1. You are mishandling the communications of the corporate strategy. You’ve got a new mission and direction as a result of your most recent off-site meeting. Great! Now how are you going to get the word out to your one thousand employees? Are you getting posters designed to illustrate your new mission, vision, or purpose? Are you stufﬁng paycheck envelopes with a document listing the ﬁve new goals of the organization? Most midmarket companies don’t take these actions. If they establish a vision, the CEO fails to share it with others.
Other times, a CEO does try to get the word out but does so in a way that the Reverend Bill Hybels of Willow Creek Community Church calls the “Mt. Sinai approach” because Moses came down from Mt. Sinai with the two tablets denoting the Ten Commandments and demanded that they be followed. That top-down approach might have worked for Moses, but it doesn’t work in today’s business climate.
Consider this from my upbringing on a farm. Cow paths make sense to cows. From a human perspective, the particular route cows choose for themselves may make no sense. But those routes make enormous sense to the cows themselves. People within organizations often operate in much the same way. They get work done by going to certain other people in the organization, regardless of what the organizational chart might mandate. If you try to impose a new structure from above without getting appropriate buy-in, you’ll end up with two organizations-the one on paper and the real one. Executives in midrange companies often don’t take the time to excite, coach, cajole, and mentor their stakeholders and their employees with regard to new structures, new directions, or new visions. They fail to do so at their peril.
2. Hey, we’re making money! Often managers focus solely on operational effectiveness instead of thinking about the future. The most effective middle-market leadership teams develop two paths for strategy. One path represents the present, and that’s operational effectiveness. The other path represents the future-value creation. Losing sight of the future and focusing only on making an operation more effective now can leave a company vulnerable to major shifts in the marketplace. If your idea of long-range planning covers only the next ninety days, then this might be an issue in your organization.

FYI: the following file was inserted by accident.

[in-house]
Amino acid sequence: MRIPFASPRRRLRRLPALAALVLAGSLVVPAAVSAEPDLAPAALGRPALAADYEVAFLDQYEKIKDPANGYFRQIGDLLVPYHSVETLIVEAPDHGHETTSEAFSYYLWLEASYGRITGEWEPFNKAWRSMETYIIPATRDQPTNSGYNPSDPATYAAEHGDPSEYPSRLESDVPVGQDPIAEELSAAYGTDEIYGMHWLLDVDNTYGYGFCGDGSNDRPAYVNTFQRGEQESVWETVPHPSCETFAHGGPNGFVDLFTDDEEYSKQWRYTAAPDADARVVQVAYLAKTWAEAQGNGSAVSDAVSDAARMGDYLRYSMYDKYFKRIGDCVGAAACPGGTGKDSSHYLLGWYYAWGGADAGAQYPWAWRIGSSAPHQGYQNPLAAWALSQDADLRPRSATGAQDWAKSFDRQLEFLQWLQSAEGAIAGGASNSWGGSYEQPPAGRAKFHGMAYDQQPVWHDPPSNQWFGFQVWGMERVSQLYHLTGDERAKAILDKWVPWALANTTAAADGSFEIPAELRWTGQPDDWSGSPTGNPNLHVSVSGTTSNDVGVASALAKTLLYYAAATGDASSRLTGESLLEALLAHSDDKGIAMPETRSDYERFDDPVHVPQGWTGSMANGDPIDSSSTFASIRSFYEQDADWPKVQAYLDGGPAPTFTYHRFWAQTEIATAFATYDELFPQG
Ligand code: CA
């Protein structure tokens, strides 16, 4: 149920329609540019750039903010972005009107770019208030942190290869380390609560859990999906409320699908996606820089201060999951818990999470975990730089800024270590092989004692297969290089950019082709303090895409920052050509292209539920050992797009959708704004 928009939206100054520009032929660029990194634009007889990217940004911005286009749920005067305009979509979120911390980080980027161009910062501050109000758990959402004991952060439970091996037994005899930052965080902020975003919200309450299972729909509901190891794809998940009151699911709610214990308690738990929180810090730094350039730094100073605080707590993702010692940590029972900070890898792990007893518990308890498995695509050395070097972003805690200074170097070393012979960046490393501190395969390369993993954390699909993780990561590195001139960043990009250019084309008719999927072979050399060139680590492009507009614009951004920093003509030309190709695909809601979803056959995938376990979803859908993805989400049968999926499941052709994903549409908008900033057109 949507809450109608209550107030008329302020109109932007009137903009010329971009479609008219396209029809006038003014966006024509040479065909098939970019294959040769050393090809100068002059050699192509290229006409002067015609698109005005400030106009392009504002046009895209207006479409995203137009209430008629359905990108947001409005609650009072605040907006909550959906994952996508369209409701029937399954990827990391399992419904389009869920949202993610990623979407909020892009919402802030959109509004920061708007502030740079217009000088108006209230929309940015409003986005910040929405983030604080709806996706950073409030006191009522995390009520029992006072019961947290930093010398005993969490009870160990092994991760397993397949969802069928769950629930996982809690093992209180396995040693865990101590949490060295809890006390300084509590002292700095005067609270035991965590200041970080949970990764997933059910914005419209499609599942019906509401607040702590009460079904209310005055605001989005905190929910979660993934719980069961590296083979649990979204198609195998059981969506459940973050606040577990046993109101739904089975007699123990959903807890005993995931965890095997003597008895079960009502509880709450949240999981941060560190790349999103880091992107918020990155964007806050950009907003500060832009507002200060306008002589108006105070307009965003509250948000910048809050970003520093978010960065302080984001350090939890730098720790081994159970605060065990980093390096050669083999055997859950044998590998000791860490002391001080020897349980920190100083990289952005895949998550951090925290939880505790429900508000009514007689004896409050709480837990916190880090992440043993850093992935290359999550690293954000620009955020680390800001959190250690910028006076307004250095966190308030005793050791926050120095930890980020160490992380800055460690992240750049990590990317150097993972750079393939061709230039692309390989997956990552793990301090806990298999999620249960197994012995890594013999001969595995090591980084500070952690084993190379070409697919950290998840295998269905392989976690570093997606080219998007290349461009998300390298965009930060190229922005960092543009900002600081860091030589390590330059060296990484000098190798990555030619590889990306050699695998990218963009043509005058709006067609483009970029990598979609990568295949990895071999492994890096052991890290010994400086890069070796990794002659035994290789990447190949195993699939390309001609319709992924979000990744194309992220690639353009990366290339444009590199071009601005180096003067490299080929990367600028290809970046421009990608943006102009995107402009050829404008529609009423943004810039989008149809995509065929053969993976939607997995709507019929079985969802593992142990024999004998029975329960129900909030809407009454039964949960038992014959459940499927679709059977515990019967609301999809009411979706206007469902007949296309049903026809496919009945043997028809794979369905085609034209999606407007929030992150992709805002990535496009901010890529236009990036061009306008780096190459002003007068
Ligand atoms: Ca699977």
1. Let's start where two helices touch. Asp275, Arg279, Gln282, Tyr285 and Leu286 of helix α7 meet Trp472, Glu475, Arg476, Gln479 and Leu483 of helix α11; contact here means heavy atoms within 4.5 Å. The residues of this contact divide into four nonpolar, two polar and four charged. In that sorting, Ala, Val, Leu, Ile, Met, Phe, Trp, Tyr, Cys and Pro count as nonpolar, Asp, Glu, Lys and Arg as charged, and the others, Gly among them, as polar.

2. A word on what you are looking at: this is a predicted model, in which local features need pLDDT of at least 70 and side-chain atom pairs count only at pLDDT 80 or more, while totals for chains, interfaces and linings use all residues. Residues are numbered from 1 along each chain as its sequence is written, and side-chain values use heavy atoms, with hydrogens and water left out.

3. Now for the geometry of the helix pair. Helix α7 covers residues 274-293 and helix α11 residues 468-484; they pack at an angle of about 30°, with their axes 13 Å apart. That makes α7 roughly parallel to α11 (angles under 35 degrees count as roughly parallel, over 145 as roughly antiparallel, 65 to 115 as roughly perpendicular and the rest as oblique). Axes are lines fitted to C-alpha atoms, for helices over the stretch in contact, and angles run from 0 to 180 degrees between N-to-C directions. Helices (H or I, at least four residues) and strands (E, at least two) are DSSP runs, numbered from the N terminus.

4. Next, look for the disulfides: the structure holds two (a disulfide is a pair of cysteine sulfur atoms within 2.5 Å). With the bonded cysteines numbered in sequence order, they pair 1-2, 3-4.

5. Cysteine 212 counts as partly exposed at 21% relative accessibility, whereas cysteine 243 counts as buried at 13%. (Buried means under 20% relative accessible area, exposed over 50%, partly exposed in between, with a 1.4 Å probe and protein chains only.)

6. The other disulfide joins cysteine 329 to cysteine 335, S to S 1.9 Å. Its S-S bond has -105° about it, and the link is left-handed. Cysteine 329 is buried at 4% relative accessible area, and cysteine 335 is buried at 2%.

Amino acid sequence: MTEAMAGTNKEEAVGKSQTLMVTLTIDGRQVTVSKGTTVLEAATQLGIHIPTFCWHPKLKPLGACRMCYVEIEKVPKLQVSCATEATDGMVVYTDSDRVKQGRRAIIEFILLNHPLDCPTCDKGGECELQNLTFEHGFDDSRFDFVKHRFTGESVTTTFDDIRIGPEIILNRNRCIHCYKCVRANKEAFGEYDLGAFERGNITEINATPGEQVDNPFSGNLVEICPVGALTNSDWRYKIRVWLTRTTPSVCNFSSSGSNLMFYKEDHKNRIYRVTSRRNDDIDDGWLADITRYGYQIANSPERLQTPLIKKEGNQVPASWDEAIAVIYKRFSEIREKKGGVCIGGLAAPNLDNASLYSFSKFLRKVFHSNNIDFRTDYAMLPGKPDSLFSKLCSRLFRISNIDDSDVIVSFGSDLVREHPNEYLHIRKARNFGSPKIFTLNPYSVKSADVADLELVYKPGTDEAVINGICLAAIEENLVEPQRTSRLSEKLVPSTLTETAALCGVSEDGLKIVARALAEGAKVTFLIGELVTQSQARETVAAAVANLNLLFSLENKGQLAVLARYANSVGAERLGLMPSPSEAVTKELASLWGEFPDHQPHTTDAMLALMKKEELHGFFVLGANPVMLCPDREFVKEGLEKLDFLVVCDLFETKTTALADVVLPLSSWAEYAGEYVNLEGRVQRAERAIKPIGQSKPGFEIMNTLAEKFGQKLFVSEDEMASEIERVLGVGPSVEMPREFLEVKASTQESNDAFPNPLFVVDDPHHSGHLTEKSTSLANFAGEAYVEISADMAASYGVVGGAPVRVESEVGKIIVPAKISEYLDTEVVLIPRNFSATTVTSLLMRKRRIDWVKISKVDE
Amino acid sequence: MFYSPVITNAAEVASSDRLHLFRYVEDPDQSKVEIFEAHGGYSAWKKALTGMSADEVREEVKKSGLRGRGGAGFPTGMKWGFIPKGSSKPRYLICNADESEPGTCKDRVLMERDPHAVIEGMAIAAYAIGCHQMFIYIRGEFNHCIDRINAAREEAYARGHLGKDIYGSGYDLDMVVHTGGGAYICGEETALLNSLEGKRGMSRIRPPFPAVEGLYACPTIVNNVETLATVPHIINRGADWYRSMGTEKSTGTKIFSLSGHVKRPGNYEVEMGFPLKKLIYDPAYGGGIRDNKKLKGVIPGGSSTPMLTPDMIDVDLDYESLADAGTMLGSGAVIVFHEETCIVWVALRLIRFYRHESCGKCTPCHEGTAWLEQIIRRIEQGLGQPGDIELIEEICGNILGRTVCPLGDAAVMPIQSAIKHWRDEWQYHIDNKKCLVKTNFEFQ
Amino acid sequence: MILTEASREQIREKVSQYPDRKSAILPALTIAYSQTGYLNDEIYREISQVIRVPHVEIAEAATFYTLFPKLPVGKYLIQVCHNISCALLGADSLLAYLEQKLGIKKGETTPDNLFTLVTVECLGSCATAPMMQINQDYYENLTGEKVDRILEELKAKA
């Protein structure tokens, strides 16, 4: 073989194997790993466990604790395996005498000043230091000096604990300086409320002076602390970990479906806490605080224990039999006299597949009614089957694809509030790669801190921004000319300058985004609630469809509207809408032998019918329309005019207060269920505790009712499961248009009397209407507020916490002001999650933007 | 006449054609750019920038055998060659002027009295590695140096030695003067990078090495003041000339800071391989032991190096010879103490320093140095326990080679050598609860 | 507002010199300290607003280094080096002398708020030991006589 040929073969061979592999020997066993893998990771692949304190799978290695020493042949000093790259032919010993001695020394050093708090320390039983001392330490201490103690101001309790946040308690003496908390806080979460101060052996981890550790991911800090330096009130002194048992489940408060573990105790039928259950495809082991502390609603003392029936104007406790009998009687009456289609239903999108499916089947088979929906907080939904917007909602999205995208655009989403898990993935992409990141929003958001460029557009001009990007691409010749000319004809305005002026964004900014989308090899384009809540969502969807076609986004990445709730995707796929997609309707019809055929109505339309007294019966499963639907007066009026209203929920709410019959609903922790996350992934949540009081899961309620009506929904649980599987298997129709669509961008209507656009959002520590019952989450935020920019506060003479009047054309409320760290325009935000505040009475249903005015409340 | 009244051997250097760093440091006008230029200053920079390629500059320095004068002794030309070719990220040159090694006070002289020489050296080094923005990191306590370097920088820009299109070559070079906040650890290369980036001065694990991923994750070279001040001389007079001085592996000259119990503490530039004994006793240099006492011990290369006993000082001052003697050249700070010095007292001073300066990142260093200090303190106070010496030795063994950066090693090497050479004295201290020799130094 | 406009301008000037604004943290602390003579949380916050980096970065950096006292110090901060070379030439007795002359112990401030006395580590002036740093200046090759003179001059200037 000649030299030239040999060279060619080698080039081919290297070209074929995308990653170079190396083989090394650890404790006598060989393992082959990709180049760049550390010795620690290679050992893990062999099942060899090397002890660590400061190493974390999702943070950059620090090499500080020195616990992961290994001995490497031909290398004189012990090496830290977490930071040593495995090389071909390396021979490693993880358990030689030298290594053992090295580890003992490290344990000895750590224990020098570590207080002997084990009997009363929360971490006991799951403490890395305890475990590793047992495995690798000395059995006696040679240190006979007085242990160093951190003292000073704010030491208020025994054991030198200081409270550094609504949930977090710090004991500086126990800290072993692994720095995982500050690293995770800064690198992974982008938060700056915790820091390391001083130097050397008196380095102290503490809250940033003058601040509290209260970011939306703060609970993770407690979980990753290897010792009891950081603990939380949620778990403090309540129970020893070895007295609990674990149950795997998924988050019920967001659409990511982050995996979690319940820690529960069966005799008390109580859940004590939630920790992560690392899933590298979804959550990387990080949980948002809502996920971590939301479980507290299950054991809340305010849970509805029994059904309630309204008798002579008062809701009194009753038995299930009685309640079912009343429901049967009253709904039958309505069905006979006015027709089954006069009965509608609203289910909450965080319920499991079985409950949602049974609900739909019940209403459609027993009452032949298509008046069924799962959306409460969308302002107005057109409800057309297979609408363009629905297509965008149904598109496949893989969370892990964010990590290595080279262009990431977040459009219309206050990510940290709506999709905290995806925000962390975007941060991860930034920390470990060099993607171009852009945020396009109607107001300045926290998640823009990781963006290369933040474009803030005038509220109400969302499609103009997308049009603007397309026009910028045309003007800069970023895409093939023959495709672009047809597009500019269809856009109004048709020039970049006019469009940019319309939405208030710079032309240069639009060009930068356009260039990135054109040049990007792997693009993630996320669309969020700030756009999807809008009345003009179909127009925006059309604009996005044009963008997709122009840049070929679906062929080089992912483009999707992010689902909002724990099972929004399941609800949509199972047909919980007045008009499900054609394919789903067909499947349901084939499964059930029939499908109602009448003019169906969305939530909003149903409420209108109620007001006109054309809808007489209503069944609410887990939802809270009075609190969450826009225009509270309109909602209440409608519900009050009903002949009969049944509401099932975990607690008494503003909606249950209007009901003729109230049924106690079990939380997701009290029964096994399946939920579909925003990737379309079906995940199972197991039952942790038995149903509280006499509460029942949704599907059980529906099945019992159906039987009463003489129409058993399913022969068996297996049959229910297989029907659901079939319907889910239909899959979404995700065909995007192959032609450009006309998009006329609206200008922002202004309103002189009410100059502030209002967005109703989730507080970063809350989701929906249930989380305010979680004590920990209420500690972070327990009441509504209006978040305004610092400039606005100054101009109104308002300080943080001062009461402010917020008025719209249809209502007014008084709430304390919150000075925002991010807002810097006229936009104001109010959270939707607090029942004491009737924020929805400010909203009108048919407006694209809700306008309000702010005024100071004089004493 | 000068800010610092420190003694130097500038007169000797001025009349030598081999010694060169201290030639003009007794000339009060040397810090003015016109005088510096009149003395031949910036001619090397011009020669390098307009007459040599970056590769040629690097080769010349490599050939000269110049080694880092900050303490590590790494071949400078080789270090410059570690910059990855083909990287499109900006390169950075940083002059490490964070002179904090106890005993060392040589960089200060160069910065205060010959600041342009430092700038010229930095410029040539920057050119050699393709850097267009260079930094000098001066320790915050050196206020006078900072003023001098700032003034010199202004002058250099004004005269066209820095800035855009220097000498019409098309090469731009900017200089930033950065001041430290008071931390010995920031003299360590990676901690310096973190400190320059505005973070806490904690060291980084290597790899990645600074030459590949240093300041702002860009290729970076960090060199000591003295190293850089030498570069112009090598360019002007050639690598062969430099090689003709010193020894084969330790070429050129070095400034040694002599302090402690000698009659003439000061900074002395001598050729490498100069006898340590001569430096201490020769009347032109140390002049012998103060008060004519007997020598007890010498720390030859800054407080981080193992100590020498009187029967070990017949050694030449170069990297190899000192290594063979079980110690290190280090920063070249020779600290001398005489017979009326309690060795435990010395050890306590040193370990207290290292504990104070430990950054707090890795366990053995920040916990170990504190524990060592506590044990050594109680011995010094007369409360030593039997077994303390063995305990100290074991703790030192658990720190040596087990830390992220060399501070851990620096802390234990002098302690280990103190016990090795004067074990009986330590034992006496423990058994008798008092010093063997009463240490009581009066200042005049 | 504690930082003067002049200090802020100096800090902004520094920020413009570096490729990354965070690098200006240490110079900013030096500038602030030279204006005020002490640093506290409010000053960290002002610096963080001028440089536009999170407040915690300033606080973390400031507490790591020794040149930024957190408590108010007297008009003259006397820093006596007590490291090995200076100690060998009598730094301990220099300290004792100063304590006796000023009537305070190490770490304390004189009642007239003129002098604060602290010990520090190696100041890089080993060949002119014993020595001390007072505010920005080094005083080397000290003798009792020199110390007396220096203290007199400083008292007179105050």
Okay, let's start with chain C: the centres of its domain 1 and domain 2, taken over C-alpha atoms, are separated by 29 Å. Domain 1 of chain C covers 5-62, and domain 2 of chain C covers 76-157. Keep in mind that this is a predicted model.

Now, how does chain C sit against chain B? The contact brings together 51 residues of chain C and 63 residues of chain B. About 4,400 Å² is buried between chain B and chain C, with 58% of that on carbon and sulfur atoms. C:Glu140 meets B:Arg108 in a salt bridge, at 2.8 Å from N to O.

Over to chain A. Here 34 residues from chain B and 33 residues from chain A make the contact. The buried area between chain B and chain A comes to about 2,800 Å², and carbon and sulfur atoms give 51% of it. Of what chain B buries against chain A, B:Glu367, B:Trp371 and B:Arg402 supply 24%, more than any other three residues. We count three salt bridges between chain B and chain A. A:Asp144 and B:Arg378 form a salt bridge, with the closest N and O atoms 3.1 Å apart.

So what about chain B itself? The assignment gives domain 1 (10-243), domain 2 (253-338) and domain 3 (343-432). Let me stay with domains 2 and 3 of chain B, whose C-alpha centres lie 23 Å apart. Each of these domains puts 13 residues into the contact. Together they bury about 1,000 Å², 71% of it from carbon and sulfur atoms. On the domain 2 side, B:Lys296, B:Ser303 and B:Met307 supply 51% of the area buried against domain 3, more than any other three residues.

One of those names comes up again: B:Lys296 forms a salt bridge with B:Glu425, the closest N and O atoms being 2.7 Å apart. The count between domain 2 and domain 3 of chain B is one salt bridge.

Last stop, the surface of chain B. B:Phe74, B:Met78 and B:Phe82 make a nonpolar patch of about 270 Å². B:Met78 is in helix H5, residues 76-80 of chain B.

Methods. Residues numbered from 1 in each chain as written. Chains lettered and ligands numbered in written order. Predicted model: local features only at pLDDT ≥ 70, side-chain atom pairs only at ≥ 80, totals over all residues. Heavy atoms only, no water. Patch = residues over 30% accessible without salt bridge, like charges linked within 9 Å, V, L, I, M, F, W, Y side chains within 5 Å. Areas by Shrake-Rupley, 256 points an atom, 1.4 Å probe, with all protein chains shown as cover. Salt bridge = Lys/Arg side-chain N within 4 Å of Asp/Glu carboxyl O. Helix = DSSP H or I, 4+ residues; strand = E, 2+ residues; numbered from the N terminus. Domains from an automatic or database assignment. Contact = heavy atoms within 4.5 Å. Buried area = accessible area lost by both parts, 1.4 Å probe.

3. You are not an S corporation. If you’re formed as an S corporation, you’ll have options when it comes time for your exit. C corporations and limited liability company (LLC) formations may be the right formation for your company, but my preference is still Subchapter S. If a publicly traded company (Public) buys a private company (Private), Public can write off everything that isn’t cash as goodwill. Both organizations can make what the IRS calls a 338(h) (10) election. This is a fancy term you may want to study because it could save you big bucks. In essence, the election allows Private to treat the sale of its stock as a sale of assets, paying tax only on the asset gain. Public, therefore, gets a stepped-up basis in the assets of Private at a no-tax cost of the purchase and can roll part of that tax break into the premium purchase price it can pay for Private if it chooses. Make sure your legal and accounting teams walk you through this because the benefits and burdens of a Section 338 may seriously affect the economics of a deal and may change your tax situation. The bottom line is that being structured as a Subchapter S gives you ﬂexibility in structuring the best stock, asset, cash, or 338(h)(10) option for your company.
4. You only ask for money when you need it. A company is only as strong as its banking relationships. A great banking relationship increases value by giving a company the ﬂexibility to use cash when it most needs it. The worst time to ask for money, of course, is when you need it. You should sit down with your bankers monthly to tell them how great you’re doing. You probably learned somewhere along the line that it is never a good idea to surprise your boss. Bankers are similar-they don’t like surprises either. If they feel they understand the rhythm of your business, bankers are enticed to come to you with better deals, increase your credit line, and give you banking covenants you can work with.
5. Blood is thicker than water, but not necessarily what the company needs. A family business can often be an opportunity to ﬁnd employment for otherwise unemployable relatives. Managers of such companies tend to promote individuals they like or to whom they are related instead of ﬁnding individuals who are truly suited for the job being filled. This is not a good way to run a company. In his book The Five Temptations of a CEO, Patrick Lencioni says that when CEOs abdicate the responsibility of hiring, they ultimately lose track of their team. Family members in the company place a huge burden on everyone involved and make it nearly impossible to execute good business decisions. Sometimes those relatives need to be taken out of those jobs to create a team that acts like a group of qualiﬁed professionals.